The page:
Attention South Puget Sound Community College graduates: Is that fancy diploma case that you were handed during commencement still empty?
Officials at the Olympia-based college are trying to track down the owners of nearly 1,000 unclaimed diplomas and certificates.
“The farthest one we’ve found goes back to 1983,” said Jerad Sorber, dean of enrollment and registrar. “We have some 30-year-old diplomas sitting in our files right now.”
Some colleges have a policy to shred unclaimed diplomas after five years.
But SPSCC has always kept them, just in case those students, such as Caleb Grant (Class of 2012), Tonya Smith (Class of 2008) and Matthew Metcalf (Class of 1993), return someday for that fancy, embossed piece of paper that shows they completed a program or degree.
“They span the gamut — we’ve had people who have earned certificates, associate degrees — even high school diplomas,” Sorber said. “We have things for welding and medical assisting. … You could pick any one of our programs, and you could find a degree left from that program.”
A majority of the diplomas were returned to the college by mail, without forwarding addresses available. When that happens, staff members try to call the graduates, Sorber said. But sometimes, the phone numbers they have on file aren’t up to date, either.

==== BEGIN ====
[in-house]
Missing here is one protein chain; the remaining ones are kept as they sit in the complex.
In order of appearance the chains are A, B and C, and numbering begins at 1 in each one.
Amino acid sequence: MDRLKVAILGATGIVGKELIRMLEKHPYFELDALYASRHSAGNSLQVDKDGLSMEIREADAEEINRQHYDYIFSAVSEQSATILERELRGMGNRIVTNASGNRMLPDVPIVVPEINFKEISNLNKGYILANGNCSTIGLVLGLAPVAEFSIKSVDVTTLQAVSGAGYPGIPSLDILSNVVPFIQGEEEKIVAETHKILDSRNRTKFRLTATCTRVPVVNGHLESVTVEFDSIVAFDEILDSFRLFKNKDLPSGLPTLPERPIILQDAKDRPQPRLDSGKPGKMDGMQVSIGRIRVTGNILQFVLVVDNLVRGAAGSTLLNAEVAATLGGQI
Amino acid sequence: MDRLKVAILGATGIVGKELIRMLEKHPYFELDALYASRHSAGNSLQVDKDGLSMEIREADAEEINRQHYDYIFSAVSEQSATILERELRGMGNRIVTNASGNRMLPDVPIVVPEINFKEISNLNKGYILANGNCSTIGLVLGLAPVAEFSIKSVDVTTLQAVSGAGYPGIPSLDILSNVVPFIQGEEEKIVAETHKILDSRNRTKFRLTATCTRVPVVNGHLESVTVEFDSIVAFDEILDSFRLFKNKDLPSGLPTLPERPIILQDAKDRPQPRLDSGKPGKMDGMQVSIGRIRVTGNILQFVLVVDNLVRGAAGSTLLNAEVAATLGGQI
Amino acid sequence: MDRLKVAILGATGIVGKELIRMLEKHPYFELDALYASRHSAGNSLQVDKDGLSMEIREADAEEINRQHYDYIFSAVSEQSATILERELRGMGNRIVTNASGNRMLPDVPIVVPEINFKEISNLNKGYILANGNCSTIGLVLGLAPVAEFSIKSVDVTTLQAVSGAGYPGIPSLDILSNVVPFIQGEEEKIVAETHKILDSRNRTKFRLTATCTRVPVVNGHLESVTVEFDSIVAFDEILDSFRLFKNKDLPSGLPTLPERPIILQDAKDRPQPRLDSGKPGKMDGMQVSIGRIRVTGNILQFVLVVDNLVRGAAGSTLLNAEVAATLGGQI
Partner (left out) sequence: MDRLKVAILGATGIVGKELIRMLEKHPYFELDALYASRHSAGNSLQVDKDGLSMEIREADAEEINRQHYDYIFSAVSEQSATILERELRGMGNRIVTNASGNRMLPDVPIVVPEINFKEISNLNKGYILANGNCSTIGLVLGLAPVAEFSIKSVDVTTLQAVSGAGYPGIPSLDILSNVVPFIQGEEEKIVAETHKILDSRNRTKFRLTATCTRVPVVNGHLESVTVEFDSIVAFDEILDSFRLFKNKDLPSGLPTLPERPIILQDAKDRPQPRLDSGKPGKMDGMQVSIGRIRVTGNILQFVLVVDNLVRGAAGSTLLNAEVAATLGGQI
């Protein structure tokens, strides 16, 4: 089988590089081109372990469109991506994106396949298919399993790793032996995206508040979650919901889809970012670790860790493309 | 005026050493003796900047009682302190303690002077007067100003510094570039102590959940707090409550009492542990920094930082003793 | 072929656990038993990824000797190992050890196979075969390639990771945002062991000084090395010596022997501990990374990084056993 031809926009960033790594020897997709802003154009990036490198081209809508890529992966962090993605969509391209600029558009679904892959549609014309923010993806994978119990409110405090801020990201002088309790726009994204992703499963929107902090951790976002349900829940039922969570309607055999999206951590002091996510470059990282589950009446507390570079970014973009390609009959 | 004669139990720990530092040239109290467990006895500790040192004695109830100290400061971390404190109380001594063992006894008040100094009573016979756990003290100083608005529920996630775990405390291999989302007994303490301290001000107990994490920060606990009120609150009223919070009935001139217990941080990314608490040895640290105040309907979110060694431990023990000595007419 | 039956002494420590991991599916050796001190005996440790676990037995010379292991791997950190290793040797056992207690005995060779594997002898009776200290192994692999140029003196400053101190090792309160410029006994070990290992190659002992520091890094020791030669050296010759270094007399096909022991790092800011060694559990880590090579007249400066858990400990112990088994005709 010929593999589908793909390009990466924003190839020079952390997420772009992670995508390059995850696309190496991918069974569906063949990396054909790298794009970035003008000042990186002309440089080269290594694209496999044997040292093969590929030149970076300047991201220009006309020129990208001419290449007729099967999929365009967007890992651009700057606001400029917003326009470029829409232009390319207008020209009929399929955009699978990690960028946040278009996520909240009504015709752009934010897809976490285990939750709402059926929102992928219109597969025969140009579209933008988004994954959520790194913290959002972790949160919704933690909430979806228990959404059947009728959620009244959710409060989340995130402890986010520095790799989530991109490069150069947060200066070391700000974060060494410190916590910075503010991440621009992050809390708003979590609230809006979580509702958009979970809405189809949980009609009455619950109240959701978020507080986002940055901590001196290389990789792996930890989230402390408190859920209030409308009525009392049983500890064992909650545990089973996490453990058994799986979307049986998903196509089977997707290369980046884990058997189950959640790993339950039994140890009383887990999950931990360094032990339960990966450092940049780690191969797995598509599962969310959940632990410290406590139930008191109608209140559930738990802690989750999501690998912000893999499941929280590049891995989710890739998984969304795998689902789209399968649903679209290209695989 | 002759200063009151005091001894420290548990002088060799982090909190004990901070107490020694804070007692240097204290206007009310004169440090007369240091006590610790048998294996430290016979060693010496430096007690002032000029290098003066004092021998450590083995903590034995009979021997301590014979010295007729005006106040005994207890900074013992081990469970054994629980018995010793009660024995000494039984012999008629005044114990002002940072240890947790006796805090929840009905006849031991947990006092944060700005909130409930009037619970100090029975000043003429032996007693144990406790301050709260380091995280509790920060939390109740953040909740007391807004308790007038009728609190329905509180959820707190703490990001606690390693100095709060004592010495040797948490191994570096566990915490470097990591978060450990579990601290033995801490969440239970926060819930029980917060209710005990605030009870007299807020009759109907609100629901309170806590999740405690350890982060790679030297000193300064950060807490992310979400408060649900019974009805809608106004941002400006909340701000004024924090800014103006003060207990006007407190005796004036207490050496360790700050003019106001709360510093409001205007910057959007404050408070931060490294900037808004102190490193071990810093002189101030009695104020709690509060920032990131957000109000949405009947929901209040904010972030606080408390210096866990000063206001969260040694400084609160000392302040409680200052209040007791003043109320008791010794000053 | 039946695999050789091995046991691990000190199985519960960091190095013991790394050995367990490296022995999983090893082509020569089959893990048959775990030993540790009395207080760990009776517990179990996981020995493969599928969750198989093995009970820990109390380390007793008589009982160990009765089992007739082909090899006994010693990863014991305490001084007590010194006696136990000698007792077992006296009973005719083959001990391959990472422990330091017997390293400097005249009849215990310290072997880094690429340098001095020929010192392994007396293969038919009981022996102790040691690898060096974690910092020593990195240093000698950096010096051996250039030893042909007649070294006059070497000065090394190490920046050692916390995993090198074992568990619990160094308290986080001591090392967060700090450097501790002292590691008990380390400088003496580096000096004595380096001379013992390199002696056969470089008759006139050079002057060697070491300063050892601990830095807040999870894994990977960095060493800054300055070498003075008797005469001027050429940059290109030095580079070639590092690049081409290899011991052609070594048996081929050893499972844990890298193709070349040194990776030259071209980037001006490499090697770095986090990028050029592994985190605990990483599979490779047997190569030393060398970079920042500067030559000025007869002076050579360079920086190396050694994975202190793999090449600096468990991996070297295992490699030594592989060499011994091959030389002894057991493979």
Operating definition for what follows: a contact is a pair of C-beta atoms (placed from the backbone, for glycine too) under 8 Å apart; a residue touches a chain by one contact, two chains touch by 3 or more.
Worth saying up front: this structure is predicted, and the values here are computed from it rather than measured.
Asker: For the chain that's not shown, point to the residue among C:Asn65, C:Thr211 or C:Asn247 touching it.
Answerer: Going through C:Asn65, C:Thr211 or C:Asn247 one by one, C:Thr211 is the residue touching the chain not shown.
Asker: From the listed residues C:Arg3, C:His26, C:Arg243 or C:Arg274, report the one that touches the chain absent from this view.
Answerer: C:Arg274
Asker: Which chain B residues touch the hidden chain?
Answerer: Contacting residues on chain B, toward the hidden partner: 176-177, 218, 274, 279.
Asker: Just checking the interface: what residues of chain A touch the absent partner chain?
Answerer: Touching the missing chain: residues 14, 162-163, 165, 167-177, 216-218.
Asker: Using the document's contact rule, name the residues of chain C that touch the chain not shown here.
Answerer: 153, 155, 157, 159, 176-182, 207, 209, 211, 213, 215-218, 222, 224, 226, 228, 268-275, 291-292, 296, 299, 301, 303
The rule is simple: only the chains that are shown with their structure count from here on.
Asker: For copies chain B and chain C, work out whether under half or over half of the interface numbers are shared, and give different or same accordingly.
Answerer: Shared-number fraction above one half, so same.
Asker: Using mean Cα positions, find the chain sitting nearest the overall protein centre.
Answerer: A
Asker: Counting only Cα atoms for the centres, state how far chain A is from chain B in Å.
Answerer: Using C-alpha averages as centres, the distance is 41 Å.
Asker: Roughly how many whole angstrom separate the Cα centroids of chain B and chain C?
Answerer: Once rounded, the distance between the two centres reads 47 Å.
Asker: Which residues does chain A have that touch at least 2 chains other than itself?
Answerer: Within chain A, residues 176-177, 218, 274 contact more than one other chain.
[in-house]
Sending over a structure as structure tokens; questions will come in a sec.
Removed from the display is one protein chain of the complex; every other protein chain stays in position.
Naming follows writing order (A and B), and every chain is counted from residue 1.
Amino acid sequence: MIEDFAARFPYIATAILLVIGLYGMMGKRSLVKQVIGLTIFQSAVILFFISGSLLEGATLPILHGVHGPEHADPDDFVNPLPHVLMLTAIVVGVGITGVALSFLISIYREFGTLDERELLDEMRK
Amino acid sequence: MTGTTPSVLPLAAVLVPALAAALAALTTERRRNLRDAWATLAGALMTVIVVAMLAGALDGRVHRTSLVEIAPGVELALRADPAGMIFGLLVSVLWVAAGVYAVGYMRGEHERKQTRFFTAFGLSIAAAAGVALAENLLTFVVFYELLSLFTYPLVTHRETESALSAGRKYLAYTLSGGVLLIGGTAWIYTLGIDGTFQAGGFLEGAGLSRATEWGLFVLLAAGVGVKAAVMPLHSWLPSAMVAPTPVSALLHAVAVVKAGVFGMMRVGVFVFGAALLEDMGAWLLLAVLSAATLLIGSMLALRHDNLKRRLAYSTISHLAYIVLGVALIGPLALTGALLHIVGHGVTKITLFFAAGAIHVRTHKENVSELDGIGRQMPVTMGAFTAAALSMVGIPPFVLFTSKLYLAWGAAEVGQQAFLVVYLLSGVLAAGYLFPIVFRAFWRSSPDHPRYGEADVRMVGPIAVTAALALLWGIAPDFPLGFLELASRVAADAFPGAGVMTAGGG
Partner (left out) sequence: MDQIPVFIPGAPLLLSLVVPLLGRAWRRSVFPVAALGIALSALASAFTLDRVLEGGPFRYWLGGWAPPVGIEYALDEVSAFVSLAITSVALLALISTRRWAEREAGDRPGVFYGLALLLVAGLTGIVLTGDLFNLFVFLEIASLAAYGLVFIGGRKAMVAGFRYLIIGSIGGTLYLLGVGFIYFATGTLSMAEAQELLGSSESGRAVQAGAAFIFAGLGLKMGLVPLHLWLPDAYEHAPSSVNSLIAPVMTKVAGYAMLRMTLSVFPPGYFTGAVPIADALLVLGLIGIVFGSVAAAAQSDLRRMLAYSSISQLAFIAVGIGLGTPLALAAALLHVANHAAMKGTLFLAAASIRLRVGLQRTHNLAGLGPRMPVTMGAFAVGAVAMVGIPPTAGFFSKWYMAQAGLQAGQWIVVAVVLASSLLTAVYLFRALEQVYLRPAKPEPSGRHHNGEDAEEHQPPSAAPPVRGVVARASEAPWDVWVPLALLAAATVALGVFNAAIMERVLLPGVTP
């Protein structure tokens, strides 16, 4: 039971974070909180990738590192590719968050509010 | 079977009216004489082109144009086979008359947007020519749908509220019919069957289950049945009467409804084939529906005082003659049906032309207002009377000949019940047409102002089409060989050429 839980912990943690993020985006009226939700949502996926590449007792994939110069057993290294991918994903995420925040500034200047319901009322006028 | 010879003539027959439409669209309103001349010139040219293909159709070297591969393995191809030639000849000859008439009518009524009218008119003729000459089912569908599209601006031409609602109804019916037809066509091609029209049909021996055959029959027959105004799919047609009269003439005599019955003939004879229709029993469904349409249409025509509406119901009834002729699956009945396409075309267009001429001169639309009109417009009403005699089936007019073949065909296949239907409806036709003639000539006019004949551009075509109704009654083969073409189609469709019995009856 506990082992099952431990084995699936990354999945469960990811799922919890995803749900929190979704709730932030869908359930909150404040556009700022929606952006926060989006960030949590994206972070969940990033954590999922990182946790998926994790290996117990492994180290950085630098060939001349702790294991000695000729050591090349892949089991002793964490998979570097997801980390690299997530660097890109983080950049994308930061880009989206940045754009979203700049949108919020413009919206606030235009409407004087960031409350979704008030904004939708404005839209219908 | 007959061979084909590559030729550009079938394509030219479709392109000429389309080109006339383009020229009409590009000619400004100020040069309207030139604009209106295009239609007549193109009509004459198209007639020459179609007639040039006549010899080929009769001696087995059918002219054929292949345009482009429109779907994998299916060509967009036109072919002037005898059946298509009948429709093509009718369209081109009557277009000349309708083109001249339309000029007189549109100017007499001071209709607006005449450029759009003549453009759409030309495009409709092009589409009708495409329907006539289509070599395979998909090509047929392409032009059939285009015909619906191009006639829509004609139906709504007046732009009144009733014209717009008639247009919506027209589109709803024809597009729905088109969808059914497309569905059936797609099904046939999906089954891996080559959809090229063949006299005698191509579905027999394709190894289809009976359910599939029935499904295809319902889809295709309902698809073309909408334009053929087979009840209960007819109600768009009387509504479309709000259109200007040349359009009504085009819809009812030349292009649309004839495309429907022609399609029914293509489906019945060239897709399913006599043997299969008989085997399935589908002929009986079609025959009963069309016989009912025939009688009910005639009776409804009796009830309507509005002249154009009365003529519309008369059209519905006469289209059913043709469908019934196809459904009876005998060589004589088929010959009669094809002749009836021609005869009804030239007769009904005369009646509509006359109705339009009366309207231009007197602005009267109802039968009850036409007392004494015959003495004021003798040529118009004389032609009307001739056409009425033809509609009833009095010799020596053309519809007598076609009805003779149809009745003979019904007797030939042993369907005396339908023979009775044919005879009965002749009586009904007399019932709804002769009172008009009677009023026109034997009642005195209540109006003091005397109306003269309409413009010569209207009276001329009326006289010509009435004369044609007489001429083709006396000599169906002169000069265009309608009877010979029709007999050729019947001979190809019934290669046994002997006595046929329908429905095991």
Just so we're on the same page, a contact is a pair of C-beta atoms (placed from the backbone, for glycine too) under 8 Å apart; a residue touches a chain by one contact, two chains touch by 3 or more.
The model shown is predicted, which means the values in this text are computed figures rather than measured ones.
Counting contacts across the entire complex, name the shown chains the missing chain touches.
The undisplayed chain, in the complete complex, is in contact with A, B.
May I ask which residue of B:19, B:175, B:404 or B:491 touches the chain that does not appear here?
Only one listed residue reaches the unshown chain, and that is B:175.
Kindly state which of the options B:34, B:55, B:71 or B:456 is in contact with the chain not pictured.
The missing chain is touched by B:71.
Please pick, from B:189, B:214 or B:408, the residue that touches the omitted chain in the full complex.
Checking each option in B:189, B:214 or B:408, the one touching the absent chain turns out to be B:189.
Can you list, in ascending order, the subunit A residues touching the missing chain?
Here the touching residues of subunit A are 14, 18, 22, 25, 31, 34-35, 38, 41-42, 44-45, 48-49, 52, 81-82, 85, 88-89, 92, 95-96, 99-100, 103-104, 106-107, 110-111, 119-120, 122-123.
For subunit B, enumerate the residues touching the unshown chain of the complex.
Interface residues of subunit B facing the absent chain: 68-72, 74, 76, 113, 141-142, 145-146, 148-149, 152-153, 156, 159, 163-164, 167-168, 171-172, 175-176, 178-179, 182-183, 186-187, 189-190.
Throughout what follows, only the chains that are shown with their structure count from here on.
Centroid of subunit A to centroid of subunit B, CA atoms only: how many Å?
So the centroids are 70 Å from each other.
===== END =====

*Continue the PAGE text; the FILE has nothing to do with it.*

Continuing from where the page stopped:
Those missing their SPSCC certificate can call 360-596-5354 to begin the claim process.
The Evergreen State College in Olympia and Saint Martin’s University in Lacey also have unclaimed diplomas – but not nearly as many as SPSCC.
“When students apply to graduate, they provide their addresses,” said Evergreen spokeswoman Sandra Kaiser. “When they check in for commencement, their addresses are double-checked.”
Diplomas go unclaimed for a variety of reasons. Sometimes, students simply forget to pick them up, said Saint Martin’s registrar Alex Arceneaux.
“During the hiring process, potential employers tend to rely more on official transcripts than diplomas,” he added.
Still, Sorber said his goal is to find homes for as many of the SPSCC diplomas as possible.
“Some of these students invested years of their lives into their academic programs and they put a lot of work in and their families sacrificed to support them, and this is a way we can help recognize all of that work,” he said.
Lisa Pemberton: 360-754-5433 firstname.lastname@example.org